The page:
13. Disobedience Causes God’s Name to Be Blasphemed.
  14. The Living Church is the Body of Christ
  15. Faith and Love the Proper Return to God.
  16. The Excellence of Almsgiving
  17. The Danger of Impenitence.
  18. The Preacher Confesses His Own Sinfulness.
  19. He Justifies His Exhortation
  20. Concluding Word of Consolation. Doxology.

You can find a good online translation of Second Clement here

Just a couple of thoughts:

For those preachers who “poo-poo” non-exegetical preaching, I would warn that they do not necessarily have history on their side. Most of the preaching --even great preaching--in scripture and throughout history is non-exegetical. 

Second, there is a great emphasis on what Christians are TO DO.  Action, implementation, application are key to this sermon. 

So, that is #1 in my list of the Top 100 Preachers or Sermons in Church History!

100 Top Preachers & Sermons

image I want to begin an occasional series laying out what I see to be the top 100 preachers and/or sermons in the history of the church. I put “and/or” because some of the sermons are anonymous, (see below) but worthy of note; and other times a preacher may be worthy of note and have several sermons that may qualify as great.   I don’t intend for this to take over my blog, but for it to be a regular feature, reminding us that preaching has a rich past and is a constantly changing and varied activity.  Preaching has, however, remained a central constant throughout the history of the church and has been the spark of most of the church’s revivals.   Many of the preachers in my list will come from Edwin Charles Dargan’s History of Preaching, but in more recent centuries I will deviate from it because Dargan ends with the 18th century and has no preachers from America in the 19th century.

One of my goals in this process is to come up with a definition or a list of what makes a sermon truly “great”.  I already have a list of 2-3 items, but hope to expand it and then try it out before you as we go along.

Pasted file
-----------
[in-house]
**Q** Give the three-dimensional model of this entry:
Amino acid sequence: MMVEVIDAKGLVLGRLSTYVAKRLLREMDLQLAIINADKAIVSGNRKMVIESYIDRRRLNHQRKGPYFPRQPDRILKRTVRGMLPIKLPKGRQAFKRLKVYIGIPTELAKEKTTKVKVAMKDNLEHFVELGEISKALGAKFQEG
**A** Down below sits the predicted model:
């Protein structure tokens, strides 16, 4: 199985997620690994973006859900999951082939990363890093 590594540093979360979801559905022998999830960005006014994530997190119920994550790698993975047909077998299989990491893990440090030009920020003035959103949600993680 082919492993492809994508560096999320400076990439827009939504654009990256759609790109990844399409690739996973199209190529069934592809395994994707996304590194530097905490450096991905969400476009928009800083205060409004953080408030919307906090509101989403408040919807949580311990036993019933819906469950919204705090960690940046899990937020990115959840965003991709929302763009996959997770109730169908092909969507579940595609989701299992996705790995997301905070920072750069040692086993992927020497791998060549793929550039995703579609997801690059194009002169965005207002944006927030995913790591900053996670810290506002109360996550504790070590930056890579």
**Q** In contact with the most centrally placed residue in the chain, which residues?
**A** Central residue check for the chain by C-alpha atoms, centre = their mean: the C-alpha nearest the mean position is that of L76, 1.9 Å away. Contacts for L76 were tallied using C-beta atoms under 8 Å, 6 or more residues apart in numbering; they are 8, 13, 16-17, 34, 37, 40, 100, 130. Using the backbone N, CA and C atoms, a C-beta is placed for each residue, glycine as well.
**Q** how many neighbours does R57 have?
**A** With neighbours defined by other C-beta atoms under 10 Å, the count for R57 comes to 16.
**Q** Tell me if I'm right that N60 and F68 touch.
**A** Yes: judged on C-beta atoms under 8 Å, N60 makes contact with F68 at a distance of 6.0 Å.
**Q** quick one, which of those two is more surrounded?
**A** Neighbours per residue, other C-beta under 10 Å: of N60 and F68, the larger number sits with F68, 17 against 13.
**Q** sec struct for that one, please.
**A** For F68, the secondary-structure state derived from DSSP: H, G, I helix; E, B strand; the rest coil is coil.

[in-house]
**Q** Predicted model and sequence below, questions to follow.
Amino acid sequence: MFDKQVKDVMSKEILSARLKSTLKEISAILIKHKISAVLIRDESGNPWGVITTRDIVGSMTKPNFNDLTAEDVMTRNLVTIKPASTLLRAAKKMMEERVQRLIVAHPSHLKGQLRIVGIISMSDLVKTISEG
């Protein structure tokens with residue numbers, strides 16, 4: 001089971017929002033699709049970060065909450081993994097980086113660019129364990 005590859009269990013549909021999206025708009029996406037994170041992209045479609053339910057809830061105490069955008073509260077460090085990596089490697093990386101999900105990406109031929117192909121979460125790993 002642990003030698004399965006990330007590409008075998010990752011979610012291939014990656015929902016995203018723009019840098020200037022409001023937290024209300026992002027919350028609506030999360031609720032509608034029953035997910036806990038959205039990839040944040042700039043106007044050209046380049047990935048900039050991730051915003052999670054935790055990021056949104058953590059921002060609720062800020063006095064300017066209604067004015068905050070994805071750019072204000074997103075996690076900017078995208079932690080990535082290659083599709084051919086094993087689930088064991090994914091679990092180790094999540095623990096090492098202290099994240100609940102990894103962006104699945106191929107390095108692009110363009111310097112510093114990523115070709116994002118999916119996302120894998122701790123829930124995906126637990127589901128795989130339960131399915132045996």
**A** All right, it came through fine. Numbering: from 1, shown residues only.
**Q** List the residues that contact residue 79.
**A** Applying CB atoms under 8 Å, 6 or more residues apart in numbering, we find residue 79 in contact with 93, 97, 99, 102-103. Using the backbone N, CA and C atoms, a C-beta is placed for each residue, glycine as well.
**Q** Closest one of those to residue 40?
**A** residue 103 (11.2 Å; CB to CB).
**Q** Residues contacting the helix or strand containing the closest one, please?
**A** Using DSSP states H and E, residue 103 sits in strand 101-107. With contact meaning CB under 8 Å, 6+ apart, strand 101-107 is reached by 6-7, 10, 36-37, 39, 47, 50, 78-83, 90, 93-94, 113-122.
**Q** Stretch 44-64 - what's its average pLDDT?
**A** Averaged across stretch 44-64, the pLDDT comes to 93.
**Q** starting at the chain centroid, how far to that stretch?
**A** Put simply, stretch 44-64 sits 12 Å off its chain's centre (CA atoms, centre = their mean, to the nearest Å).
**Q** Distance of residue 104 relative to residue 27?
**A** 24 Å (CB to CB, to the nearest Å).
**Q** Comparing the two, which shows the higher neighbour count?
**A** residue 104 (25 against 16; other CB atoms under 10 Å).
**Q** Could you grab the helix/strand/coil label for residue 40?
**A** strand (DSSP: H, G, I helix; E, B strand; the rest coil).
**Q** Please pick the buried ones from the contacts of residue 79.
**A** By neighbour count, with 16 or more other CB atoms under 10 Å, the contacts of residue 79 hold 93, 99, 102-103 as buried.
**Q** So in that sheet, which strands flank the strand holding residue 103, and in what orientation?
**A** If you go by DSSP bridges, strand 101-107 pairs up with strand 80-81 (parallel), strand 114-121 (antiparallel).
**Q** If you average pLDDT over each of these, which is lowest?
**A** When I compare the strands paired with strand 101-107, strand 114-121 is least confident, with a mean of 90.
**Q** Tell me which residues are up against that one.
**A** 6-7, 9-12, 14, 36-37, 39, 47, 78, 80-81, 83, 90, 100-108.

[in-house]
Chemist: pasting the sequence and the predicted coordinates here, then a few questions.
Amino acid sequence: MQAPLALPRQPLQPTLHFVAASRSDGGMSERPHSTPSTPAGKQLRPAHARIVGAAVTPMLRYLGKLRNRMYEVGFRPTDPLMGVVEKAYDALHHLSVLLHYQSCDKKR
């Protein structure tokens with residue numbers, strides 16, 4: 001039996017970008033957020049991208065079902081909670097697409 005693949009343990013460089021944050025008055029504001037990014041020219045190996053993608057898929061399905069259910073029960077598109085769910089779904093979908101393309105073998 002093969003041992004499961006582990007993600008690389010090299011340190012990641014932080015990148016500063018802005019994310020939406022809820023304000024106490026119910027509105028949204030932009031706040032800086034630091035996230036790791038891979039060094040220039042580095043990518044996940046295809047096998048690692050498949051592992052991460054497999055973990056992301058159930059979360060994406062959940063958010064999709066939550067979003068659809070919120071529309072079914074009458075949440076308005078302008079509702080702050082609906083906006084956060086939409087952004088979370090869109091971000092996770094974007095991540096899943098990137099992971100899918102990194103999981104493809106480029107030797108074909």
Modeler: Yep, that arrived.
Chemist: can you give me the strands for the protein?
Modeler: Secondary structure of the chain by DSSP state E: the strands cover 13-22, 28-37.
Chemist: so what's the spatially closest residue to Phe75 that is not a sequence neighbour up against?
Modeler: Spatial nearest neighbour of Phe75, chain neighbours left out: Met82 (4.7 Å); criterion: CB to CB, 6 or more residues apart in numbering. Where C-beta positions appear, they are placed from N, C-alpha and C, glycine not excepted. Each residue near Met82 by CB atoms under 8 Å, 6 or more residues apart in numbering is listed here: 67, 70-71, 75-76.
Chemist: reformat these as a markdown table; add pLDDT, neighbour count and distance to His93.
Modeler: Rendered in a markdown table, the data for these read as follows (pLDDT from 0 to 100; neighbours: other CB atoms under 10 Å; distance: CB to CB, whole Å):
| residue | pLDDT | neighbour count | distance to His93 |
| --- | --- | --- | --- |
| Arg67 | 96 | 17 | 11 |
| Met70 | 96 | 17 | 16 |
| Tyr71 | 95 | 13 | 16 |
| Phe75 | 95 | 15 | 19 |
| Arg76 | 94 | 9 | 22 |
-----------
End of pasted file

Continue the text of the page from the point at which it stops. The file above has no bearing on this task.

Loretta and I went and watched “Julie & Julia” last night and in the spirit of that movie (one I highly recommend), I hope to list & review these 100 preachers/sermons within a year.

You can help in a couple of ways:  I would very much solicit your suggestion.  My list is not even half-way complete. I have some ideas on direction, but my list is a growing list at this point. So I would ask for your input.

Second, as I stated above, I am working on a definition or a list of criteria for what makes a sermon truly “great”.  If you have suggestions toward that end as well, I would welcome them.  So let’s get started…

Saturday, September 5, 2009

Leadership Network presents "THE NINES"

This online, free workshop might be worth your attention. I can't figure out how long it is, but sounds helpful. Of broader concern than just preaching.

Leadership Network presents "THE NINES"

Tuesday, September 1, 2009

Blue September


Talking the Walk is a preaching blog.  Always has been. Always will be.  But it is MY blog, and most of you know that I was diagnosed with prostate cancer this past year.   I had surgery in April and am doing well.  This past weekend I participated in the Portland to Coast—a 127-mile relay race.  It was hard, but I had some of the best walk times on our team, even though I was the oldest member. 

It is, however, estimated that this year (2009) 27,360 American men will die of prostate cancer.  192,280 men in the U.S. will be diagnosed with prostate cancer this year.

My cancer would have gone totally undetected if I had not had a PSA blood test.  My doctor said that after the physical exam, my prostate “looked" great!”   But for the past five years or so, I have insisted on having an annual PSA test. When I did, the count came back 5 points higher than it had been the previous year.  The number itself was not all that high, but the jump in one year was significant.  The doctor ordered a biopsy and it was then that they discovered cancer.

Most preachers are men.  And most men HATE going to the doctor. And even MORE than most hate the prostate exam.  But it is essential.

We cannot afford to lose good preachers to an easily treatable disease. (We can’t afford to lost faithful, mediocre preachers either!)

This month has been declared “Blue September” to highlight prostate awareness.  (Pink is often used for breast cancer…typically a women’s disease and blue is usually used for prostate cancer, a specifically man’s disease).

Men, if you are over 45 (especially if you are over 50): make this a Blue September--get a physical & get your PSA count checked, so that your family doesn’t have a “blue” month down the road because of your untimely death due to prostate cancer.

End of sermon.   Go in peace of God, the grace of Christ and the comfort of the Holy Spirit.